9. There is nothing in Sections 14 and 38 of the Act which compel the arbitrator to act without payment of fees. Receipt of the fees in advance by the arbitrator does not amount to misconduct unless, of course, the demand is excessive. Section 14 docs not say that the arbitrator must proceed with the arbitration proceeding without payment of fees in case he wanted them to be paid before acting in the arbitration proceedings. It does not also say that fees cannot be demanded at an earlier stage. Where a party has chosen his own arbitrator he must be taken to have entered into an agreement with him to pay his reasonable fees.
10. The opposite party No. 1 has filed a xerox copy of letter No. 18111/A dated 24th Sept., 1968 issued by the Government of Orissa in the Works and Transport Department to the General Manager of opposite party No. 1 in connection with arbitration for another project. The relevant portion of the letter is extracted below:
'Two arbitrators are to be appointed, one by each party to the contract. Hence Government do not consider it necessary to refer the matter regarding payment of fees and its appointment between Government and the contractors to the arbitrators. Instead it is considered proper that each party should bear the fees and other expenditure if any of the arbitrator appointed by them.'
It also appears that the opposite party No. 1 by his letter dated 15th April, 1974 addressed to Shri M. C. Pani, the arbitrator offered to pay Rs. 250/- as fees for each sitting and other incidental charges. The opposite party No. 1 is a limited Company and it is no secret that the arbitrator Shri Pani was being paid Rs. 250/- as fees and Rs. 25/- as his travelling expenses for each sitting from the Company's accounts since the date of his appointment in 1974. Shri Pani is a retired Chief Engineer. The arbitration proceedings involve a heavy claim and were protracted. It cannot, therefore, be said that the amount paid as fees and T. A. are excessive. There is no stipulation in the agreement between the parties regarding payment of fees and T. A. of the arbitrator. In the absence of such stipulation each party was to pay the remuneration of the arbitrator nominated by him and acceptance of such remuneration by the arbitrator does not amount to misconduct. Apprehension entertained by the petitioner that Shri Pani will be biased in favour of opposite party No. 1 seems to be unfounded. The learned Subordinate Judge was justified in dismissing the application for removal of the arbitrator.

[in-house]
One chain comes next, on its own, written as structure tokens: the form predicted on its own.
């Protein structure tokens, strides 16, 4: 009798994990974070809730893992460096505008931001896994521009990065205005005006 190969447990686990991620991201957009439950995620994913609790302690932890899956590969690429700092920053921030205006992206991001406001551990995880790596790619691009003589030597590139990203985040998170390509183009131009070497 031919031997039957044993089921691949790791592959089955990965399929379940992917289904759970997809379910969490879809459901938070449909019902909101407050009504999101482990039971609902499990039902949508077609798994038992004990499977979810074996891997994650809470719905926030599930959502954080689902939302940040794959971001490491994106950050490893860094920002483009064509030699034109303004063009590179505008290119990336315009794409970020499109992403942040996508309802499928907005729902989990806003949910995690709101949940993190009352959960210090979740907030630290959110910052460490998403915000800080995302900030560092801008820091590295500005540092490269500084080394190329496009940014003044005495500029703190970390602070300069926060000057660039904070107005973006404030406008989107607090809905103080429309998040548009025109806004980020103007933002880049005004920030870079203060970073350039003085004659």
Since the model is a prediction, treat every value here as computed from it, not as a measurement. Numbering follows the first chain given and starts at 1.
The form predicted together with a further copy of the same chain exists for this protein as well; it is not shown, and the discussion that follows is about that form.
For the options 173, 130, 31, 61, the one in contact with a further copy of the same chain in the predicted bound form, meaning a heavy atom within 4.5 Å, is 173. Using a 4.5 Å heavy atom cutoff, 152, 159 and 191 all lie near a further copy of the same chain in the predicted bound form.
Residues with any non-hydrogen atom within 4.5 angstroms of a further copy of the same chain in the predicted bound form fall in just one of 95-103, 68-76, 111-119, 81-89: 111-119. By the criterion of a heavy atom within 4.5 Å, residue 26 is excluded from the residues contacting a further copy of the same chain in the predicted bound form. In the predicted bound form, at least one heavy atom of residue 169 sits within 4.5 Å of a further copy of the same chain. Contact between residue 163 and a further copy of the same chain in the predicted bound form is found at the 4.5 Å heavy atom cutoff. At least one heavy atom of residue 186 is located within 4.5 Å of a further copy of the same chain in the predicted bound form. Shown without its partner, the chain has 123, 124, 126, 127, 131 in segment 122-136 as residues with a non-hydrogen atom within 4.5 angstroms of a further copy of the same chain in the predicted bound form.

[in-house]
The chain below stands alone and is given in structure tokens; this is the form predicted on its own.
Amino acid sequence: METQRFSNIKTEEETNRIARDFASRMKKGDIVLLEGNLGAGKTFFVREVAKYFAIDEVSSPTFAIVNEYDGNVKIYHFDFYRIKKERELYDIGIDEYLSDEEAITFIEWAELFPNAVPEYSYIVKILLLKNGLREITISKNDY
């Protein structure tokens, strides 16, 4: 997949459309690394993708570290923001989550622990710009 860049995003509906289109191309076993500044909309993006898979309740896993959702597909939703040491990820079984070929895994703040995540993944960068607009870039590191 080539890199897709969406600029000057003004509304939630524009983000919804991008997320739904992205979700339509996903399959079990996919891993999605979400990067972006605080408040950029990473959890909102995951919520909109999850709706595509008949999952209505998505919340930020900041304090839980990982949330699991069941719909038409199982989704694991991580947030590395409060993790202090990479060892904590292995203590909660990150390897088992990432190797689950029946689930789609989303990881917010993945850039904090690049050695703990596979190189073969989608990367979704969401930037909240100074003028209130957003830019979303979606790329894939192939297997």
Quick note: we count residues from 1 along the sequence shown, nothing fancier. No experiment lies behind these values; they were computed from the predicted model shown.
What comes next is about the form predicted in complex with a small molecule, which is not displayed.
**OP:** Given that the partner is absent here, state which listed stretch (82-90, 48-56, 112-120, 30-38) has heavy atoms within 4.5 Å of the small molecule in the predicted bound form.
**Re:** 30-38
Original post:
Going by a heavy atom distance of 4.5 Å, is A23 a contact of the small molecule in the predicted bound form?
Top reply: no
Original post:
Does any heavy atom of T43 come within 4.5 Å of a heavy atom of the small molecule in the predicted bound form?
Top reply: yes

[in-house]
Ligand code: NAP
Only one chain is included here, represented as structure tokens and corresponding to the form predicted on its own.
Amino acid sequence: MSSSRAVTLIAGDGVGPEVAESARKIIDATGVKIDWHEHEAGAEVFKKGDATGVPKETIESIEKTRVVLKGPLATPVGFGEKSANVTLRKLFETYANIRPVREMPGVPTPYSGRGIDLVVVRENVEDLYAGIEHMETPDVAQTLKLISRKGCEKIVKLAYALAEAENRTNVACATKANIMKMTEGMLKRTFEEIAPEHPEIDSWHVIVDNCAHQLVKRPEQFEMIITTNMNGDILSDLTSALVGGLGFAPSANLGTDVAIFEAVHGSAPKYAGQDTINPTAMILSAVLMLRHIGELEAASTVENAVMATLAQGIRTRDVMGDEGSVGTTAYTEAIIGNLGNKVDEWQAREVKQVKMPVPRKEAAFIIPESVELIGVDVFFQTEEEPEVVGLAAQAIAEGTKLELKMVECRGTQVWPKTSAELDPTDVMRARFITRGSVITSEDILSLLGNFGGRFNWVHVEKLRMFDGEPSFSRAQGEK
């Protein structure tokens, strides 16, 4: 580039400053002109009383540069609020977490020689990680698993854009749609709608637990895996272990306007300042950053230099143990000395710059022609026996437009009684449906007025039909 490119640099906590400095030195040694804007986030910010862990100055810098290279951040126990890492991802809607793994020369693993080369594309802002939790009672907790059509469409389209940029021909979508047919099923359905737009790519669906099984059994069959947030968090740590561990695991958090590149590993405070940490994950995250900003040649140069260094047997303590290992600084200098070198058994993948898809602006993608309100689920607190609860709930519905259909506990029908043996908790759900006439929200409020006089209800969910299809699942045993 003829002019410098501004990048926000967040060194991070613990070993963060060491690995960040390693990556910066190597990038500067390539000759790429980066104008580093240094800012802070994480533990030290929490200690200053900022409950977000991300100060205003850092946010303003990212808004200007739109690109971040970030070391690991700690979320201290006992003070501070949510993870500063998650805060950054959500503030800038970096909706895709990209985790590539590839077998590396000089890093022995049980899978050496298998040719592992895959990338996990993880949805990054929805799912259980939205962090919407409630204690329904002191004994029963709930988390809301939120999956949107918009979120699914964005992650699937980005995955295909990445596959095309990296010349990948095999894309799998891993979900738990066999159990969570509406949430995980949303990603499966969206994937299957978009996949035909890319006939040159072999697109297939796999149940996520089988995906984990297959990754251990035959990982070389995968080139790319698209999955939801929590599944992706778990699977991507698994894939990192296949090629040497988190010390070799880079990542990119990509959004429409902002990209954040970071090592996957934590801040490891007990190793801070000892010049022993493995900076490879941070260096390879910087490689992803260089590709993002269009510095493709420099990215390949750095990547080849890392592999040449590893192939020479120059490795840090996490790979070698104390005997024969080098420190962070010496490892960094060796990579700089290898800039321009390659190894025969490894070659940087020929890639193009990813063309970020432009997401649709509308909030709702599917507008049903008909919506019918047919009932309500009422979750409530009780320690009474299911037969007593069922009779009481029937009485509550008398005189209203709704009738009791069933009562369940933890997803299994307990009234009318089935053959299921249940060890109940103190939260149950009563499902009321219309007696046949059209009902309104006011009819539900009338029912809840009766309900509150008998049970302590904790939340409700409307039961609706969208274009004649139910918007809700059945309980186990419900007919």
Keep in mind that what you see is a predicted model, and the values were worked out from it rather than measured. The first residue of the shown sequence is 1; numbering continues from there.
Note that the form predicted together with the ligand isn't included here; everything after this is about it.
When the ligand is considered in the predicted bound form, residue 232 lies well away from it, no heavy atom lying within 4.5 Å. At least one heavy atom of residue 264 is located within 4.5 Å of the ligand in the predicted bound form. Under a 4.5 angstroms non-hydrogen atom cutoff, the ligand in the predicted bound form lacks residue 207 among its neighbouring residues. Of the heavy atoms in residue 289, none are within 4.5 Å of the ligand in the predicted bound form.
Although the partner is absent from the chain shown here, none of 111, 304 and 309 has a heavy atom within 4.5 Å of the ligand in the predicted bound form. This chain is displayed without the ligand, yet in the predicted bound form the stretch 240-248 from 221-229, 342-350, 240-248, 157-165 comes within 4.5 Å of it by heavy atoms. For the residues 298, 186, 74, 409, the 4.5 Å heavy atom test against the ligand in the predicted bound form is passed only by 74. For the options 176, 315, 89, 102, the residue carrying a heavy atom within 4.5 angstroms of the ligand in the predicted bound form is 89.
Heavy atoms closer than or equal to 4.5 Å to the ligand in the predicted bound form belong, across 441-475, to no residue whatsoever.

11. The civil revision fails and is dismissed with costs.